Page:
A bluegill fish dangles from a hook. The fish is greenish-brown.

Bluegill sunfish

Features: Bluegills are distinguished from other panfish by the black ear flap and black spot at the rear base of the dorsal fin. Five to eight greenish, vertical bars are faintly visible on their sides. The body is olive-green in color, bluish above and silvery below. Breeding males develop a bright orange to red flush on the throat area. Adults in most waters measure 5- to 8-inches, but the state record bluegill exceeded 12-inches.

Habitat: Bluegills prosper in clear, clean ponds, lakes and backwaters of slow streams with abundant vegetation. They feed on both plant and animal life, but primarily on small crustaceans, insects, snails and other invertebrates.

Technique: Bluegill are found in many of the lower elevation ponds, lakes, reservoirs and river backwaters throughout the state. Like other sunfish, they generally prefer shallow, warmwater areas with abundant aquatic vegetation and cover. Bluegill are not tough to catch, but you may have to spend time looking for schools of them. Bluegill are best targeted during the late spring when they are spawning and can be found in shallow water where they are highly visible. Look for them in ½- to 6-feet of water in wind-protected areas such as the back ends of coves. Bluegill will often be over sand or gravel bottoms. Spawning begins when the temperature approaches 68 degrees F. At other times of the year find them near weed beds, along drop-offs or around submerged woody debris. Use a bobber rig and size 10, 12, or 14 hook baited with worms, meal worm, crickets, piece of nightcrawler or other natural bait. Bluegill will also readily take small artificial lures such as a jig or tiny spinner, and small wet or dry flies.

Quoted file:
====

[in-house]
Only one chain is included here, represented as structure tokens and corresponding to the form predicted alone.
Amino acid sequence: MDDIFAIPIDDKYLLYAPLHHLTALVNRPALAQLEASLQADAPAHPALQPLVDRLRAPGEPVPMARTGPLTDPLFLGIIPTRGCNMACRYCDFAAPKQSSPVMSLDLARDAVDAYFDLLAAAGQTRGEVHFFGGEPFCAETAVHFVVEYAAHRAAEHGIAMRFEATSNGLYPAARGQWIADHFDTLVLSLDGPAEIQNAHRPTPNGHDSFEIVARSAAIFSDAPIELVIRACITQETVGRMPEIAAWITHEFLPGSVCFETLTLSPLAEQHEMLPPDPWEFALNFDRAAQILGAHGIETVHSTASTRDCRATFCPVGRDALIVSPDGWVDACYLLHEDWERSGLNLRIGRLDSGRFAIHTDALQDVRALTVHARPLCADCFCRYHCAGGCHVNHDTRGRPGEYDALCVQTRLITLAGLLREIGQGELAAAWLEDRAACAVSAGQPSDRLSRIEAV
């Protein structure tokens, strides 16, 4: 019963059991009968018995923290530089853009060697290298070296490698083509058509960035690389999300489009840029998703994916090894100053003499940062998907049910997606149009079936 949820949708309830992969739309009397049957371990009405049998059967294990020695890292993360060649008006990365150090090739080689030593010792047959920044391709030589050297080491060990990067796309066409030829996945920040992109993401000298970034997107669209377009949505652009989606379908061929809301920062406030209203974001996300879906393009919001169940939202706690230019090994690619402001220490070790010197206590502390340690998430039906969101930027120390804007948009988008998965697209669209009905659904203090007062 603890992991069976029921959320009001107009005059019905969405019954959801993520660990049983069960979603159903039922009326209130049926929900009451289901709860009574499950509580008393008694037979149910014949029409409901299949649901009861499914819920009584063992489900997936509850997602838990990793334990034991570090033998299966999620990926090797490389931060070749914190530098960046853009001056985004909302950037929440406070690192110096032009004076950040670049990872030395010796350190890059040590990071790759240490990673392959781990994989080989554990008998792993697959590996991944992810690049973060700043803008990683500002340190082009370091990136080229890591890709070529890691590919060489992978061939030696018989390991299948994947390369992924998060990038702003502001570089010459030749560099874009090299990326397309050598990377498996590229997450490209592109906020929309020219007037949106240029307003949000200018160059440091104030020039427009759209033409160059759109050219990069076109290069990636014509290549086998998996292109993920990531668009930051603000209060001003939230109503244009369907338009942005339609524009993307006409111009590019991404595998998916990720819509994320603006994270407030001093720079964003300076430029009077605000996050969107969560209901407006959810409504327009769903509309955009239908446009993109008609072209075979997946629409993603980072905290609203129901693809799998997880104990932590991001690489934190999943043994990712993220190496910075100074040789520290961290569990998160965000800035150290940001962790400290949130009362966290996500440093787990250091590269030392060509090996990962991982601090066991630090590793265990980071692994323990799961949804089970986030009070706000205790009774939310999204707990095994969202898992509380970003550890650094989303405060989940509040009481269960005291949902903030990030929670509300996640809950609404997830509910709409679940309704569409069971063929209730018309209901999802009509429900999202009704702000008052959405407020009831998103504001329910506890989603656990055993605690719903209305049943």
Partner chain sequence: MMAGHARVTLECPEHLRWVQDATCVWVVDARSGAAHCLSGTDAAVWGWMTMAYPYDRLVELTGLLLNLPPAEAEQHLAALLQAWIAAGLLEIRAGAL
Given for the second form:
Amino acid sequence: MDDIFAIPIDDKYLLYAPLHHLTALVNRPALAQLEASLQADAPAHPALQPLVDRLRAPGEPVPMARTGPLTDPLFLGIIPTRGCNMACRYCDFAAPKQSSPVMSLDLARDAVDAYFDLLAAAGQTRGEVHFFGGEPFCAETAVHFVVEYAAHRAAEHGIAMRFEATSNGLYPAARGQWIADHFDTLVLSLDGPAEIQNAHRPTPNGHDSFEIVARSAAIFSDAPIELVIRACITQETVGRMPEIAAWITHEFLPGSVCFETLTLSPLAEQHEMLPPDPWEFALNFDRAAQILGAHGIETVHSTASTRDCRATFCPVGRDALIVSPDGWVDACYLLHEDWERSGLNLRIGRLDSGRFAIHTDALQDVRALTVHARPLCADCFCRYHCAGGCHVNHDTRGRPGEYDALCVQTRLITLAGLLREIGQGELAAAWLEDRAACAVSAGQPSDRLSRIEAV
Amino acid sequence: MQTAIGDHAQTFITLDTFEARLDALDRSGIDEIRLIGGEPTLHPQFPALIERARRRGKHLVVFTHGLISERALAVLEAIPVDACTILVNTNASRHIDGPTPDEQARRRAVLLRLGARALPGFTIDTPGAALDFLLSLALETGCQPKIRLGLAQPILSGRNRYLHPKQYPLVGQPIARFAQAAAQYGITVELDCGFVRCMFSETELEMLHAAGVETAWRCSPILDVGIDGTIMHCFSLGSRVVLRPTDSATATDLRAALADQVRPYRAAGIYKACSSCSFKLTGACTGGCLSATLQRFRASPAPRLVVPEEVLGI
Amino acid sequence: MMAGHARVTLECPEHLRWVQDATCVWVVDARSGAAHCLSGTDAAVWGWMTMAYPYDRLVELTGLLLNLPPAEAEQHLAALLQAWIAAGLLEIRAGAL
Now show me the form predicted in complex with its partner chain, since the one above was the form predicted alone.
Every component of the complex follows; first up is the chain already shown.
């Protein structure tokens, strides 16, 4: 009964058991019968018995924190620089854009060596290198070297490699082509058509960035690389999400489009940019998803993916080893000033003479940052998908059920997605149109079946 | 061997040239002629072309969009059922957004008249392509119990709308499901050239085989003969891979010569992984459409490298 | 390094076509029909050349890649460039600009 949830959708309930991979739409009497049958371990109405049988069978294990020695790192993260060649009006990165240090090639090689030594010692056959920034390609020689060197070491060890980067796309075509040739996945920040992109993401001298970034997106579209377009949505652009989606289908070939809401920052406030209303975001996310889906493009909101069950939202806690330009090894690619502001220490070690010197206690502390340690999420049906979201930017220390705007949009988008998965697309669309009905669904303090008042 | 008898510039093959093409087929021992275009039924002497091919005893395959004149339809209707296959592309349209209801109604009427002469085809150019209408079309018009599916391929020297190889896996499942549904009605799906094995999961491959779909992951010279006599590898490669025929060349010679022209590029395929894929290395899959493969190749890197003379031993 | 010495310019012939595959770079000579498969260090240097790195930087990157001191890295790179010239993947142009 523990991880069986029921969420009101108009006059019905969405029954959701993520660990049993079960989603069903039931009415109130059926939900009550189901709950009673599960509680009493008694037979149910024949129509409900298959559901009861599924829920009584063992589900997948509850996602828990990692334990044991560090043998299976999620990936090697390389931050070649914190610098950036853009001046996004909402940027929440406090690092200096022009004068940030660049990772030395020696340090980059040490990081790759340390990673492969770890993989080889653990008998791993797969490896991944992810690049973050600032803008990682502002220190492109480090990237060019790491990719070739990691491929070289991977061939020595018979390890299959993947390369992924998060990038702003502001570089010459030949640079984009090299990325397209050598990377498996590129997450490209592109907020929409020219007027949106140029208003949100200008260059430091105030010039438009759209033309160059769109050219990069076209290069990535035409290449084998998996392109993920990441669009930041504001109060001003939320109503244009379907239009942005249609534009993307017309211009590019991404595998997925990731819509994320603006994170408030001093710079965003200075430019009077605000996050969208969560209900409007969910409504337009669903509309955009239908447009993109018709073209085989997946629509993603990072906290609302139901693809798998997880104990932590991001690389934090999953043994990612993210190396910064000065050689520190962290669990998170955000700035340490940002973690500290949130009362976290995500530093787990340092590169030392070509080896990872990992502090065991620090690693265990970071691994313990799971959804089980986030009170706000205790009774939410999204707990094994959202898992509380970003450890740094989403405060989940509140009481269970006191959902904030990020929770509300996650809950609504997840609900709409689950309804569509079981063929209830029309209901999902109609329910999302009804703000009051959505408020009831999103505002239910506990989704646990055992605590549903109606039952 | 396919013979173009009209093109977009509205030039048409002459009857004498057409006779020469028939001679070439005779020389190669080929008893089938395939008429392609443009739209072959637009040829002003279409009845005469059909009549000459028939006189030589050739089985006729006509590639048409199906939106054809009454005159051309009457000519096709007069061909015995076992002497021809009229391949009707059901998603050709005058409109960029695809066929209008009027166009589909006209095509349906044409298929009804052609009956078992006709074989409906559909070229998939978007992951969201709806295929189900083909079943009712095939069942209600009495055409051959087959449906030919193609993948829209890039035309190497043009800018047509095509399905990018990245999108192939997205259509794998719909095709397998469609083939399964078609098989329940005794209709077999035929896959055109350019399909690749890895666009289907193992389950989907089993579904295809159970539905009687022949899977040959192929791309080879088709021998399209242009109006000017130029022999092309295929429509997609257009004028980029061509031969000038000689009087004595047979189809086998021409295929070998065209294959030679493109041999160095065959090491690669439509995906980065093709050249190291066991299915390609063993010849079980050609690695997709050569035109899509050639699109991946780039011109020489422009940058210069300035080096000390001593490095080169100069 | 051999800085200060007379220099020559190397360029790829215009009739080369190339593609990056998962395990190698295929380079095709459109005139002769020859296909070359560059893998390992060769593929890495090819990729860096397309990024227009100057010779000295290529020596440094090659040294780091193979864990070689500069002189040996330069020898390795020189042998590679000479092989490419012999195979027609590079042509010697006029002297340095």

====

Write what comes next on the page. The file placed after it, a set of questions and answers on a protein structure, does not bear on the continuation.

A green sunfish in a clear fish tank. The fish is greenish-brown with opal blue accents throughout.

Green sunfish

Features: Green sunfish have more of a bass-shaped body and a larger mouth than the other sunfishes, other than the warmouth. Also, unlike other sunfish except the warmouth, the pectoral fin is rounded, rather than pointed. Green sunfish are olive green on the back and sides with a yellowish-copper or brassy hue on the lower sides of the belly. Dusky, vertical bars are often present. Turquoise mottling, often in the form of bars, radiates backward from the snout and eye. They have a dark spot at the base of the rear lobe of the dorsal fin.

Habitat: Green sunfish are found in a variety of habitats, from slow streams to shallow lakes or ponds. They are more frequently associated with smallmouth bass than the other sunfish, since they are better adapted to stream life. However, they can also survive in waters too small for most other sunfish. Green sunfish are often found around weed beds because of cover and abundance of food. They feed primarily on aquatic insects.

Technique: Green sunfish are found in many of the lower elevation ponds, lakes, reservoirs and river backwaters throughout the state. In general, green sunfish prefer shallow, warmwater areas with abundant aquatic vegetation and cover. Most are not tough to catch, but you may have to spend time looking for schools of them. Green sunfish are best targeted during the late spring when they are spawning and can be found in shallow water. Look for them in ½ to 6 feet of water in wind-protected areas such as the back ends of coves. They will often be over sand or gravel bottoms where these are available. Spawning begins when the temperature approaches 68 degrees F. At other times of the year find them near weed beds, along drop-offs or around submerged woody debris. Use a bobber rig and size 10 or 12 hook baited with worms, meal worm, crickets, piece of nightcrawler or other natural bait. Green sunfish also readily take small artificial lures such as a jig or tiny spinner, and small wet or dry flies.